Australia’s superstar national parks such as Kakadu, Daintree and Kosciuszko sure soak up the attention, but we reckon these 10 deserves a whole lot more love too.
This Pilbara-based park is the little sister to nearby Karijini National Park. Spring water feeds permanent pools and paperbarks line creeks in defiance of surrounding ochre cliffs and spinifex. The 1920s-Millstream Homestead acts as a visitors’ centre, outlining the area’s activities, and the culture of the Yindjibarndi people (and the ‘Warlu serpent’).
2. Mirima, WA
Mirima is a miniature version of the Bungle Bungle Ranges and it’s right on the doorstep (two-kilometres east) of relaxed Kimberley town, Kununurra. ‘Hidden Valley’ offers a selection of walks, from laid-back to sweat-inducing, around the home of the Miriwoong people. There is a flock of choice for bird watchers too, with species such as the white-quilled rock pigeon colonising the sandstone hills. parks.
3. Ku-ring-gai Chase, NSW
Around 20 kilometres from Sydney’s CBD is a surprisingly diverse, 15,000-hectare park. This Mecca of wildlife spotting, rock art and outdoor activities is set in valley after valley of classic Sydney sandstone stretching from the Hawkesbury River to the sea. A great place to start is the Kalkari Discovery Centre with nearby Bobbin Head a tranquil place for a family picnic and a dip.
4. Gundabooka, NSW
South of outback icon Bourke, craggy Mount Gundabooka stands half a kilometre above the surrounding plains, overlooking the Darling River. The Mulgowan Aboriginal Art Site walking track takes in rock art (animal motifs and hand stencils) and the hunting tools of the Ngemba and Paakandji peoples. Keep an eye out for pink cockatoos around the woodlands, floodplains and sandhills at Gundabooka.
5. Coorong, SA
Around two hours’ drive south-east of Adelaide will land you in 130 kilometres of lagoon-scape of Coorong National Park. The wetlands are a fecund breeding ground for pelicans (the film Storm Boy was set here) and an array of other wild birds. Mounds of ancient shells mark the campsites of the Ngarrindjeri people. The park is ripe with walking, four-wheel-driving and kayaking opportunities.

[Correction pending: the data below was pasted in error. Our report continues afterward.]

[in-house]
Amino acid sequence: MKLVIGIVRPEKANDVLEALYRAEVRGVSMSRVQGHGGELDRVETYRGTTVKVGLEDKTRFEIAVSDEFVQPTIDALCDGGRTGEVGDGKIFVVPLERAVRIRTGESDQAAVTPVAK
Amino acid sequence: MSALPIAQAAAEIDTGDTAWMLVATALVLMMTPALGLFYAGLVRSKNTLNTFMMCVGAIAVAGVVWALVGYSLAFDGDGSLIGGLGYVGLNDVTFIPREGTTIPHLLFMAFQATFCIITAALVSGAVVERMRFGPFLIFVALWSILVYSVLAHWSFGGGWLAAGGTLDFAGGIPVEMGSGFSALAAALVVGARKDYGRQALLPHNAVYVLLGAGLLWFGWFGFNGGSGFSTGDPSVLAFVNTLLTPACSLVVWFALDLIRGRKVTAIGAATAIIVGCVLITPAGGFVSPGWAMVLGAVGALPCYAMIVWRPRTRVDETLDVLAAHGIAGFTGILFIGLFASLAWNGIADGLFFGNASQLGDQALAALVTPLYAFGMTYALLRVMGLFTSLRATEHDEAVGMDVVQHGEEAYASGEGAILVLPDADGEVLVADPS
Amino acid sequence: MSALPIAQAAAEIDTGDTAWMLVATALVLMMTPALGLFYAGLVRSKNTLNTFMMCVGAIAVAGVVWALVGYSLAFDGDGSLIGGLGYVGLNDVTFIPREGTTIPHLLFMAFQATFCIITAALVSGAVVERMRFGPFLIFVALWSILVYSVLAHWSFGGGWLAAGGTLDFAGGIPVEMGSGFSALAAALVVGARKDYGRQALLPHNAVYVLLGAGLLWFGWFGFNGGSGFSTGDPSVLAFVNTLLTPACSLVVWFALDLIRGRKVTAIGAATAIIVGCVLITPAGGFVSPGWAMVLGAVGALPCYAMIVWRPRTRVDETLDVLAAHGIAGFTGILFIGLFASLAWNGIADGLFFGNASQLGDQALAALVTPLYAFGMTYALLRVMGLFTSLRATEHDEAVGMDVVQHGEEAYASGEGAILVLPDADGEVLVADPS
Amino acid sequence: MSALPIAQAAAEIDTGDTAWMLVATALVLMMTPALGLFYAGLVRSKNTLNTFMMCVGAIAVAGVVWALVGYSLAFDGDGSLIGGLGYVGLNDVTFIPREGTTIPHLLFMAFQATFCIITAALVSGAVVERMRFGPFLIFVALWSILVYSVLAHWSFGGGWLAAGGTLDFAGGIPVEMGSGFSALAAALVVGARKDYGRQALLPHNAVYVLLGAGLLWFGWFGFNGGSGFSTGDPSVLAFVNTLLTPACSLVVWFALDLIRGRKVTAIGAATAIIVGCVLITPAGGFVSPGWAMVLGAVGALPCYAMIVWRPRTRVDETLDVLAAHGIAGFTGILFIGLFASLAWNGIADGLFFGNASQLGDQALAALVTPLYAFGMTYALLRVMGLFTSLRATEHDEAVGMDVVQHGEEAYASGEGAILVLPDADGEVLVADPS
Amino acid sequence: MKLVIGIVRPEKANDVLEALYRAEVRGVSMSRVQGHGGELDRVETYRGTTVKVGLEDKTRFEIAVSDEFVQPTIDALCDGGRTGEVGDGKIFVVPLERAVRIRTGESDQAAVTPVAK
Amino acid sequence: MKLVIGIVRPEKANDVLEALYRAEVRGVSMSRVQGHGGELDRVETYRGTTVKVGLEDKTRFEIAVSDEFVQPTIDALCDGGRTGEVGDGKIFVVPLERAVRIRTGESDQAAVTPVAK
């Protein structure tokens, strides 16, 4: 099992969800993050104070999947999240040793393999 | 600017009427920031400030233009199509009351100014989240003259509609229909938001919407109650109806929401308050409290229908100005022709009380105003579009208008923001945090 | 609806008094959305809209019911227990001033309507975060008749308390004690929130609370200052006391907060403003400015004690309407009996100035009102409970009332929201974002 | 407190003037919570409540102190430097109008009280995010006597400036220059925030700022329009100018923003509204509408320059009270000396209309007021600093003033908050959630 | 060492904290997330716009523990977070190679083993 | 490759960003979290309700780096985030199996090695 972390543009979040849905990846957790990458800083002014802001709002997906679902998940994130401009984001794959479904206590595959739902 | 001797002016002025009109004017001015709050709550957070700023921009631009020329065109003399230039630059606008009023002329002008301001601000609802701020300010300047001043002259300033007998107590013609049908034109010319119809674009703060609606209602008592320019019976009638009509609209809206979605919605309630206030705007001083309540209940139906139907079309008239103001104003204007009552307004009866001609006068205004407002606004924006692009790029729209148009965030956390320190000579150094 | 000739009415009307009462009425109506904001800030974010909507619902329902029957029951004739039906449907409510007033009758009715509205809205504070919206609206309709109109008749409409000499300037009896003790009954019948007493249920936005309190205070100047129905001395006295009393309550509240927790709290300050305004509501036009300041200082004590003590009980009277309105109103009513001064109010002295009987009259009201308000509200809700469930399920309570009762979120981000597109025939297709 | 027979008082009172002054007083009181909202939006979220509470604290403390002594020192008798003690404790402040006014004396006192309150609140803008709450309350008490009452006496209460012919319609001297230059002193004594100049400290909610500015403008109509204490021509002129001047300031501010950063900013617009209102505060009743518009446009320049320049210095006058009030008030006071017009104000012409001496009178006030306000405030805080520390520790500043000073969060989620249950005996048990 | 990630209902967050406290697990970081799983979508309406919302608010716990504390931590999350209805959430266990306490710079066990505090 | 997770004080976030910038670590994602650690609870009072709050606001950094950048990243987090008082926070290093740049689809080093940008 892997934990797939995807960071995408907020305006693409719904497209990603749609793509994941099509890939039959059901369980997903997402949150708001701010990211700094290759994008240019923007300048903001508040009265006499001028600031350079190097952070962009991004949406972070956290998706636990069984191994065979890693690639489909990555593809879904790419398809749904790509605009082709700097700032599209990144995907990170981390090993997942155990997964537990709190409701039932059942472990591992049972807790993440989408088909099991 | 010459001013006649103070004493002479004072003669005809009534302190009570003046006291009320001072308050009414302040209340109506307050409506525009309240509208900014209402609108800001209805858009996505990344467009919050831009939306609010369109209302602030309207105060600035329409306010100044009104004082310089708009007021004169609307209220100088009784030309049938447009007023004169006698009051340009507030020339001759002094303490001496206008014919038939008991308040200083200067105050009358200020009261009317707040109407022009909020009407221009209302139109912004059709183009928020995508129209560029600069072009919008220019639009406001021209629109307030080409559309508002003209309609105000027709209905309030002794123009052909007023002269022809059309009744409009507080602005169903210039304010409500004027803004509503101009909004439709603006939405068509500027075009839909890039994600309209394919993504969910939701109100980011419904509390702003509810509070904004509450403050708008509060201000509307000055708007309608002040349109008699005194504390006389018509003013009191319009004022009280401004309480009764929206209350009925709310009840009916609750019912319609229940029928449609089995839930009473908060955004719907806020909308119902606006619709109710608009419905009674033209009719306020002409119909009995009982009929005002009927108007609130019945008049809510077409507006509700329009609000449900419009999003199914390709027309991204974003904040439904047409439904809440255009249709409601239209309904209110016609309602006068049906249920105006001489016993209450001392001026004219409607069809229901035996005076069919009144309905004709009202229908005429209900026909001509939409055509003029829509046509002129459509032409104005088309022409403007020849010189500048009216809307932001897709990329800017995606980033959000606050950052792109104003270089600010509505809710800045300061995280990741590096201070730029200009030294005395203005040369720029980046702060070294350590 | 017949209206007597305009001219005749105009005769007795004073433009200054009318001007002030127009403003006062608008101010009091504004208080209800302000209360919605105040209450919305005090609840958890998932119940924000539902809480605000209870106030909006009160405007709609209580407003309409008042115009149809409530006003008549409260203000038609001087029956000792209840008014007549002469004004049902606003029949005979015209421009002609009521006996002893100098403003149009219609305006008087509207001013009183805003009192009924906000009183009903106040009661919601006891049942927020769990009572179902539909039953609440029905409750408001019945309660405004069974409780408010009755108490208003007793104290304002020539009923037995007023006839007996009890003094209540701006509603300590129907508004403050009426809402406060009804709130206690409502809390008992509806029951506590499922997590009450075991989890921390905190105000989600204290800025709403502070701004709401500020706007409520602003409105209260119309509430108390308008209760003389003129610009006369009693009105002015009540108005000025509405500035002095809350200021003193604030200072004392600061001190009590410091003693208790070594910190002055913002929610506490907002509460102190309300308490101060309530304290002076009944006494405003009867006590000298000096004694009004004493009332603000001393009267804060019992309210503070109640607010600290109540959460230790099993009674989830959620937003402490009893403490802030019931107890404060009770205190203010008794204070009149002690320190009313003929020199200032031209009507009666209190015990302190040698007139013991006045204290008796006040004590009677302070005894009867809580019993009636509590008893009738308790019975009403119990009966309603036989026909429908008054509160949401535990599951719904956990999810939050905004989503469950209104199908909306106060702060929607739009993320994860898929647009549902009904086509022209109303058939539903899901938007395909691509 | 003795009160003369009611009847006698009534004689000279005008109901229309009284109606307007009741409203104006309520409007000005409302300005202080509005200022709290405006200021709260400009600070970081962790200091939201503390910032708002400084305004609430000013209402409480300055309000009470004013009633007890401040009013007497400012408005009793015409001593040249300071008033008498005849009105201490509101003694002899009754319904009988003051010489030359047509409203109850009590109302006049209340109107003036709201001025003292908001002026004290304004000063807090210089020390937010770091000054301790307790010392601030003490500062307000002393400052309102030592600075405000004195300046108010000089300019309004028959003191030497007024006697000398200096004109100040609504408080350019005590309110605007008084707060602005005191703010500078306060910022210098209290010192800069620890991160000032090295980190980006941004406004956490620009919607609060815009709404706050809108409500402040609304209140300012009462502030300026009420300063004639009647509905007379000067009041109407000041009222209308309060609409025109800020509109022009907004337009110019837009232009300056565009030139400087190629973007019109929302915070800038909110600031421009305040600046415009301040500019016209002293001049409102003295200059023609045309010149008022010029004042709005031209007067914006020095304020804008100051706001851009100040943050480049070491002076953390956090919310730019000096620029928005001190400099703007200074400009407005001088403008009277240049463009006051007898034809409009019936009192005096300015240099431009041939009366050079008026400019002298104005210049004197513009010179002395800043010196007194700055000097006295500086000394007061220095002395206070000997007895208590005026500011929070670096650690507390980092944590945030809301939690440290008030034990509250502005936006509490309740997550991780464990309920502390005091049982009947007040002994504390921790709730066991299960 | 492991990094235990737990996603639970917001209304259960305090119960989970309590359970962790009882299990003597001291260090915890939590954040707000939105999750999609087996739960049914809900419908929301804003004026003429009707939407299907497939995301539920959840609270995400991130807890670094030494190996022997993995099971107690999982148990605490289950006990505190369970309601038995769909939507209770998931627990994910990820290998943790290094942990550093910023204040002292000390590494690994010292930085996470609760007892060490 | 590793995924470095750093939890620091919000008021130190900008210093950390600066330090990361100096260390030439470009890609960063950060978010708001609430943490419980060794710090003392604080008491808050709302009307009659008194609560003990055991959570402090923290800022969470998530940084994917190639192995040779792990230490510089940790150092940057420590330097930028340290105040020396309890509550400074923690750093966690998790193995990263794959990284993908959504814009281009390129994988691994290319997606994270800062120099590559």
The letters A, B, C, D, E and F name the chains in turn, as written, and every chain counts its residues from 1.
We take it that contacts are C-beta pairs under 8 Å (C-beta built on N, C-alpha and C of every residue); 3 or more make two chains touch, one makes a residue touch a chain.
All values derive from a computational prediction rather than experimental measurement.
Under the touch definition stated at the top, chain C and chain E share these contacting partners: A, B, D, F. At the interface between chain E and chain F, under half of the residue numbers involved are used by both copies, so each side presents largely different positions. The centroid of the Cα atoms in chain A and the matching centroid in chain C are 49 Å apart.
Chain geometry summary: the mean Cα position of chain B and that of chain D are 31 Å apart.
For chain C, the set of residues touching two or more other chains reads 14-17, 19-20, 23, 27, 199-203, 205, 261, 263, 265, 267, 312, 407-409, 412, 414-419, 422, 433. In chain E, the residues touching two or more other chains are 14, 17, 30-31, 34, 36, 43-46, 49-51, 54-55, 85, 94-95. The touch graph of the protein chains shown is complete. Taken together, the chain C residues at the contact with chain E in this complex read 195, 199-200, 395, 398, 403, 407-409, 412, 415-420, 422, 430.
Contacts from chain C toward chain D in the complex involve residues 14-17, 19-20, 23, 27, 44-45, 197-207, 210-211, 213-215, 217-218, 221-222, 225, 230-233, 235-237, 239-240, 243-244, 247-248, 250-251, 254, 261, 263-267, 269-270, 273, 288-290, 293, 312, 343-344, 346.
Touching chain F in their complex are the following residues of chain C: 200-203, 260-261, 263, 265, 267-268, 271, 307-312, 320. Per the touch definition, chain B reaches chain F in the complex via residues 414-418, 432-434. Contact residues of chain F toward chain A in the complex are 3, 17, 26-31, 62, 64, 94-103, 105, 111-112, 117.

6. Tasman, Tasmania
Across the bay from the modern history lesson at Port Arthur in Tassie’s south-east, lies the 300-metre columnar dolerite cliffs and isolated beaches of Tasman National Park. The Cape Pillar Walk is the highlight of the sublime coastal walks, a great way to see the majestic cliffs. The northern tip can be explored by car or cruise the coast from Port Arthur, to spot seals, penguins, dolphins and whales.
7. Litchfield, NT
Ticked off Kakadu? Litchfield, only a couple of hours’ drive from Darwin, is accessible most of the year and, unlike Kakadu, you can swim here without the threat of saltwater crocs. The park’s four spectacular waterfalls – Florence, Wango, Tjaynera and Surprise Creek – are full year-round. Magnetic termite mounds, with perfect north-south orientation, are one of many reasons for the trip.
8. Limmen, NT
A national park since 2012, Limmen lies in the heart of the remote tropical savannah, 305 kilometres south-east of Katherine. Its cultural footprint extends from indigenous culture to foreign seafarers, Macassan trepangers, European explorers and pastoral pioneers. The sandstone pillars of the ‘Lost City’ are worth the journey alone. Prepare well before heading this way and avoid the wet season.
9. Lamington, QLD
Flee the bustle and neon of the Gold Coast to this hinterland oasis, situated on a 900-metre high plateau – a pristine World Heritage Area, with Mount Tamborine your ever-present backdrop. Come face-to-face with the dense subtropical rainforest and its birdlife during a canopy stroll around O’Reilly’s Tree Top Walk, up to 30 metres above the forest floor.
10. Great Otway, Great Ocean Road, Victoria
Cruise past all of the Great Ocean Road’s main towns to reach Cape Otway National Park, with its rugged coastline, rock formations, beaches, ferny forests and lakes. It’s easy and rewarding to get off the beaten track here and trek to breathtaking waterfalls such as The Cascades. It’s equally close to the region’s delicious produce nestled in the nearby hinterland towns.
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